In Korea, the term Netizen Investigator was coined to describe Korean Internet users’ savviness when it comes to online research. The fake branding in the form of Bullanseo Bakery was served up as a detective game for viewers to engage in. As the above chart shows, right after the drama aired, but before Bullanseo Bakery first appeared, a fan forum post shared a screenshot of a behind-the-scenes clip from a video on the network’s YouTube channel. The post triggered a buzz and it wasn’t long before the news had spread beyond the web. Within a couple of days, national media were reporting on PPL cases in Mr. Sunshine. From the third episode, when Bullanseo Bakery came into view, Paris Baguette began promoting their new Bullanseo Bakery product line on social media. Thanks to Paris Baguette’s market leader status, the real name behind Bullanseo Bakery was soon exposed.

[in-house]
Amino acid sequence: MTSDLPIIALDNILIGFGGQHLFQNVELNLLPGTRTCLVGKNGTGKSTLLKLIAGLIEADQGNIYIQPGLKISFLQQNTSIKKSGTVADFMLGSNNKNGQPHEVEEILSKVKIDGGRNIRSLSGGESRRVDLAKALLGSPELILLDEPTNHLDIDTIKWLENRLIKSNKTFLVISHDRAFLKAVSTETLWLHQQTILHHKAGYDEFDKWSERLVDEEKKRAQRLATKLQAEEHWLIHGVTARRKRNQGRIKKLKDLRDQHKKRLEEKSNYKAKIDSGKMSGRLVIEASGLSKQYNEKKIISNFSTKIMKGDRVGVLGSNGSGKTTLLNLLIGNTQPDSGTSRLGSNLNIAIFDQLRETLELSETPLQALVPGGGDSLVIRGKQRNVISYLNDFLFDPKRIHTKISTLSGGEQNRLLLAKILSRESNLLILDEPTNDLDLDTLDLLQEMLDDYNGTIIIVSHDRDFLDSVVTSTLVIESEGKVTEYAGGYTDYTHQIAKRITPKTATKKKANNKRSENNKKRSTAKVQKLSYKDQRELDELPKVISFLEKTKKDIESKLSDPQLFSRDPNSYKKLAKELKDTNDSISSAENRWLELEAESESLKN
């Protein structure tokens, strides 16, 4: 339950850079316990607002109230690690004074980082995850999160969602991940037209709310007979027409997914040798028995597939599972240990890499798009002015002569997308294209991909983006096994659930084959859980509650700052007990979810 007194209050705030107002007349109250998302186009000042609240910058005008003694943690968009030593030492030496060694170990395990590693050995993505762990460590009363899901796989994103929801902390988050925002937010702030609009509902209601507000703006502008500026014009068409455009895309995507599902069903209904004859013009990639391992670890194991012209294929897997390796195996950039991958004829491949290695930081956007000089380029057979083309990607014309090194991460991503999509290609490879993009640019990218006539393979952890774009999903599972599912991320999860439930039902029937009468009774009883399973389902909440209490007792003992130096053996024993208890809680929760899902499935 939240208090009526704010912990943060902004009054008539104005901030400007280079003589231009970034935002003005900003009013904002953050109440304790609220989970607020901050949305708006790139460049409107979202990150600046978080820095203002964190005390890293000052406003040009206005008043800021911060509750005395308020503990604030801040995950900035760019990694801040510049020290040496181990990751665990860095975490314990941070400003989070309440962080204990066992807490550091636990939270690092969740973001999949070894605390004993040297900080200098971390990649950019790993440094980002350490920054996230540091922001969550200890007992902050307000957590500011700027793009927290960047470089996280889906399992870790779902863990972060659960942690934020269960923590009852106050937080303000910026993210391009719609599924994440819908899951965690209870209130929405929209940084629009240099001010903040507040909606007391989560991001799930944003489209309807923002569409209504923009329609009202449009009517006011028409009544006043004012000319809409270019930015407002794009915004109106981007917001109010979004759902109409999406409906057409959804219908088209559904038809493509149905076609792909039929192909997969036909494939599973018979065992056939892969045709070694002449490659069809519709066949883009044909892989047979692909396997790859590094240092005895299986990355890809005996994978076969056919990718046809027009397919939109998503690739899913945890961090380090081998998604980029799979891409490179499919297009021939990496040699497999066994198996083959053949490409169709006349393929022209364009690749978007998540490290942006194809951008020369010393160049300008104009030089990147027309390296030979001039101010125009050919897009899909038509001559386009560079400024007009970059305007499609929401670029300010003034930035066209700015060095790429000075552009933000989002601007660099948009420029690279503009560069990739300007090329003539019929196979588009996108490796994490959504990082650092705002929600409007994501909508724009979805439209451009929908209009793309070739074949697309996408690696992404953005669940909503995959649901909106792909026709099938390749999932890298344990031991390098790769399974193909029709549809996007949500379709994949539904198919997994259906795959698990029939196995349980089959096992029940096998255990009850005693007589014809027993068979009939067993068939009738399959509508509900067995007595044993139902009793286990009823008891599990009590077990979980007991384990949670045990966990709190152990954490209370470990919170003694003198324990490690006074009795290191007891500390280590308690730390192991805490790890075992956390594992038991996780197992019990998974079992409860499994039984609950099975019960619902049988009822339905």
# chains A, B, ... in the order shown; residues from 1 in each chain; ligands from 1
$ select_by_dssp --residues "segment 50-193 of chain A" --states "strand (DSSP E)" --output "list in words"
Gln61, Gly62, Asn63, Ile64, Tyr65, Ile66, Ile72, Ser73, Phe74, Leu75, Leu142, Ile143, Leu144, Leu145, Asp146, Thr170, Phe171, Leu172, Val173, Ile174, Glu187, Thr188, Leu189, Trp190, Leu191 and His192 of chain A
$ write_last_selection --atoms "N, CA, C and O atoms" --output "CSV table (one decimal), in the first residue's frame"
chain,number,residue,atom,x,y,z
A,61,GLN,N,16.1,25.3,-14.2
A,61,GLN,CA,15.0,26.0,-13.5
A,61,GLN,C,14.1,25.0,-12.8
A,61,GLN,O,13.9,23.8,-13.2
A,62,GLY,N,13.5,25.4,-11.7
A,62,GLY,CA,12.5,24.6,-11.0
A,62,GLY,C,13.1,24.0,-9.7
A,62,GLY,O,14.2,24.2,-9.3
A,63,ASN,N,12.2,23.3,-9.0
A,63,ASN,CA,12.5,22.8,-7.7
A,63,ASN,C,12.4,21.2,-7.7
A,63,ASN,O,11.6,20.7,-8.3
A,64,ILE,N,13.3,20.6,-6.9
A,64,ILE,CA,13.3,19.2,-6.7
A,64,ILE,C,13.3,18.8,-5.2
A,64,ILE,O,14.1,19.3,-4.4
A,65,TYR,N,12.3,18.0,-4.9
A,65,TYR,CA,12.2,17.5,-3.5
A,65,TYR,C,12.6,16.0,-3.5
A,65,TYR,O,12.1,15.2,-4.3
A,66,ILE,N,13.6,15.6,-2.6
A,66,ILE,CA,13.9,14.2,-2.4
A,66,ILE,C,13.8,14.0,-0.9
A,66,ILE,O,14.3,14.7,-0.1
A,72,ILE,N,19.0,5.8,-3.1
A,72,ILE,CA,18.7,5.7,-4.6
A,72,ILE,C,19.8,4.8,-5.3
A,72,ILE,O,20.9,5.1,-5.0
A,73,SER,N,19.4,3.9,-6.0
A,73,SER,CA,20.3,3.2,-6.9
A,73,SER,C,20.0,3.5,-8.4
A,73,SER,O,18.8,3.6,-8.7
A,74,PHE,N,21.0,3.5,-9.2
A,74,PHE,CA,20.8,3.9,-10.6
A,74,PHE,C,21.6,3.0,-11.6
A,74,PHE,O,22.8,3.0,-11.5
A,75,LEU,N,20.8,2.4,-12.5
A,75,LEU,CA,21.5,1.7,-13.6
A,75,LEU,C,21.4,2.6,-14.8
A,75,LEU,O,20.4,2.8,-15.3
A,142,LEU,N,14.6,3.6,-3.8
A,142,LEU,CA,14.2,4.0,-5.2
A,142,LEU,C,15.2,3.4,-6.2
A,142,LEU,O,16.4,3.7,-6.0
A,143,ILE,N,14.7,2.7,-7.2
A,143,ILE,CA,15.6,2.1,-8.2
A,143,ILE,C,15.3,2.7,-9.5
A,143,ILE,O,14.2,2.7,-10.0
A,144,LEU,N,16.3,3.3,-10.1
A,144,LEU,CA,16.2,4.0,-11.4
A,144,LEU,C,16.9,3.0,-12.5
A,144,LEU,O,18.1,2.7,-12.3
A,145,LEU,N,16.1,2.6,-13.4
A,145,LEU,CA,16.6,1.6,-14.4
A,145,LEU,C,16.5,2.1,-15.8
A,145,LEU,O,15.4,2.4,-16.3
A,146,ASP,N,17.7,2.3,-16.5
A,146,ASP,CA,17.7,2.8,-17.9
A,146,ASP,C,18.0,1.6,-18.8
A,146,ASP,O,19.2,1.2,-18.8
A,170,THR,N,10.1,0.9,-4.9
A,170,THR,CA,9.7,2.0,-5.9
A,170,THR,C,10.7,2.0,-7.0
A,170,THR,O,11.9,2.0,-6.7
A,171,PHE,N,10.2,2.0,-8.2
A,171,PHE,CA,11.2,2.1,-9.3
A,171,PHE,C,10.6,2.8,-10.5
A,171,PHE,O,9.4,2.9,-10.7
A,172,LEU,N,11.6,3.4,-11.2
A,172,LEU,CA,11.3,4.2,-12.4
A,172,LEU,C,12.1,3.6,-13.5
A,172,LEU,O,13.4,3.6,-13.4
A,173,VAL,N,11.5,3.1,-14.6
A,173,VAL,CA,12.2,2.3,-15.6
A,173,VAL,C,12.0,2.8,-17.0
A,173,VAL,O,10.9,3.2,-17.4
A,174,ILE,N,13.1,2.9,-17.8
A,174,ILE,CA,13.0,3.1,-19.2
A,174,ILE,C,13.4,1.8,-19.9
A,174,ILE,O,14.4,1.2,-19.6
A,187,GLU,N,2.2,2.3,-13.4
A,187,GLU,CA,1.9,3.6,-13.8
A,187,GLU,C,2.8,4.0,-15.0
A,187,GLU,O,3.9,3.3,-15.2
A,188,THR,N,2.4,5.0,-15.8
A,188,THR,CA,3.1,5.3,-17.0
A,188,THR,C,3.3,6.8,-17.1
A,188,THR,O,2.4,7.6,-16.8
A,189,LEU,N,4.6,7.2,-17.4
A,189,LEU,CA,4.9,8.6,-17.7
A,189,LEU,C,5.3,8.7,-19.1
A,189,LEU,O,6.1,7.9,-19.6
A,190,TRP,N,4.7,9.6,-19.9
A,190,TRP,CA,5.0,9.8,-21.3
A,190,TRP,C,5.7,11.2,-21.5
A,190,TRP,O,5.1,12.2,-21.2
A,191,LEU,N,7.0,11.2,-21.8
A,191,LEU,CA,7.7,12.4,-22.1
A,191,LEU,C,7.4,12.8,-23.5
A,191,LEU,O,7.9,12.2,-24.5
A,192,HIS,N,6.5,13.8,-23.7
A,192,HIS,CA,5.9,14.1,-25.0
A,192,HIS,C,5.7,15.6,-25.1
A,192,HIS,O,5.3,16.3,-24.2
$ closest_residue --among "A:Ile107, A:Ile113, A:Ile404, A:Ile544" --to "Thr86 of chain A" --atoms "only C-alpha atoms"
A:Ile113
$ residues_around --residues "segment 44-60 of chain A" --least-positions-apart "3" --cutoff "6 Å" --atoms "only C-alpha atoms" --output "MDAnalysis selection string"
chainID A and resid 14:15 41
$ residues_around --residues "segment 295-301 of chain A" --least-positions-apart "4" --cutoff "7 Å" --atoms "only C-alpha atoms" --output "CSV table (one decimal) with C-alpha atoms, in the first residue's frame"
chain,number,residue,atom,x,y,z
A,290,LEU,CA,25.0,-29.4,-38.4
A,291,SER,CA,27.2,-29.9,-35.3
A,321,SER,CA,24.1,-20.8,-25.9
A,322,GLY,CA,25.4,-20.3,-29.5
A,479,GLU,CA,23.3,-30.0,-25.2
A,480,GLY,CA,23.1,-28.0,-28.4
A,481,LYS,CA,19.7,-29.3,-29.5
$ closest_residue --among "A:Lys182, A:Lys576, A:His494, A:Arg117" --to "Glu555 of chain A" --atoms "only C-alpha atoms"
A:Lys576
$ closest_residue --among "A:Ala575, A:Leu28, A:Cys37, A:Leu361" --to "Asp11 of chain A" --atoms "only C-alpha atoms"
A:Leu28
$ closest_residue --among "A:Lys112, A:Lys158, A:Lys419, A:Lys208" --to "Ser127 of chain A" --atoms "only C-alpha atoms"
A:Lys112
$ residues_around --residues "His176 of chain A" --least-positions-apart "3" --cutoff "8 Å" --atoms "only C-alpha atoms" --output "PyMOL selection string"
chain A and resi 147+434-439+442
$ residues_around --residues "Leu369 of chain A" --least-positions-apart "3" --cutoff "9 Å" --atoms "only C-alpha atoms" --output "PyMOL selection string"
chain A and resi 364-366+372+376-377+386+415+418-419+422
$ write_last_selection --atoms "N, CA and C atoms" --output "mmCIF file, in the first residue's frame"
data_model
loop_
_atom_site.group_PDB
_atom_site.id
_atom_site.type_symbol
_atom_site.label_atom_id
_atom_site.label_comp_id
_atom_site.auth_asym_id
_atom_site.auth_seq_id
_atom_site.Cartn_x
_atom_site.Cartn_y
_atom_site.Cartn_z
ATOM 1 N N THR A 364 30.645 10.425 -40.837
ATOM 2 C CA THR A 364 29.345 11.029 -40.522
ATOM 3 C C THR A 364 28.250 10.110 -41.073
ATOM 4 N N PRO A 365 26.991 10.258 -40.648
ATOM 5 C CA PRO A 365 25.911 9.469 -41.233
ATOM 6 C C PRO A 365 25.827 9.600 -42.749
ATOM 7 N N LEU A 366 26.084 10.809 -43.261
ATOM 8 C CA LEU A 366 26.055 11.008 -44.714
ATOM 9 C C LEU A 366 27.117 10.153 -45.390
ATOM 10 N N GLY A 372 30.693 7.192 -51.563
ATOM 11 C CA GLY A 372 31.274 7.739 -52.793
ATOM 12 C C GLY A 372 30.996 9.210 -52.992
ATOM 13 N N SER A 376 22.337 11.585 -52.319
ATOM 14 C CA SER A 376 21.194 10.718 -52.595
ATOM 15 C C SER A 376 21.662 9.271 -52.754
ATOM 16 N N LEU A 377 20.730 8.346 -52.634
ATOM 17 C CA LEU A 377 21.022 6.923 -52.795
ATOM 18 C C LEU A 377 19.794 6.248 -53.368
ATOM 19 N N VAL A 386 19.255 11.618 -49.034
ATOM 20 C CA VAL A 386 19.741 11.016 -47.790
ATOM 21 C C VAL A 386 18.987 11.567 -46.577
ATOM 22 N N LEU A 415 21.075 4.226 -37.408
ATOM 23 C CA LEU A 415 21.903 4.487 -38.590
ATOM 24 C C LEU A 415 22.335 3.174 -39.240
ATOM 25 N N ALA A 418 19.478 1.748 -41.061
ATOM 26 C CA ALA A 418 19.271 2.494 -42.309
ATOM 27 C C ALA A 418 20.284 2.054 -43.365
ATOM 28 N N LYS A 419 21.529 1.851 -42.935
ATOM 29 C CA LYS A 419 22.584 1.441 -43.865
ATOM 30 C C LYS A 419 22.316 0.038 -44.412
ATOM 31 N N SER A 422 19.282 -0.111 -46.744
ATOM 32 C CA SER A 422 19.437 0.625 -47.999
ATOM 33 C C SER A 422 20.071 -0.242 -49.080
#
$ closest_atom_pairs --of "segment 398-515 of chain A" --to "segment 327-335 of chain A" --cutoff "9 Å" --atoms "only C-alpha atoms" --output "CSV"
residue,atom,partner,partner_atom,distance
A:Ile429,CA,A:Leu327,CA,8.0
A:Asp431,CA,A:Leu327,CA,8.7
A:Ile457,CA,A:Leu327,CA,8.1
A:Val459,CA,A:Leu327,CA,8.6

Not only had Paris Baguette become the focal point of the drama and PPL discussions, mentions were largely positive with viewers celebrating the creative initiative. Even as viewers realised that Bullanseo Bakery was simply a marketing ploy, they used positive words (‘hilarious’, ‘funny’, ‘smart’) as they discussed it. These reactions imply that the product placement was not considered intrusive, but intriguing.

“How creative PPL is in a historical drama. Lol. Bullanseo Bakery

“Whenever I see Bullanseo Bakery, I can’t stop thinking about how Paris Baguette is good at advertising.”

Paris Baguette PPL in Mr. Sunshine is quite hilarious.”

So Bullanseo Bakery is Paris Baguette? Lol”

“Bullanseo Bakery lol. Paris Baguette lol. Look at the Eiffel Tower lol”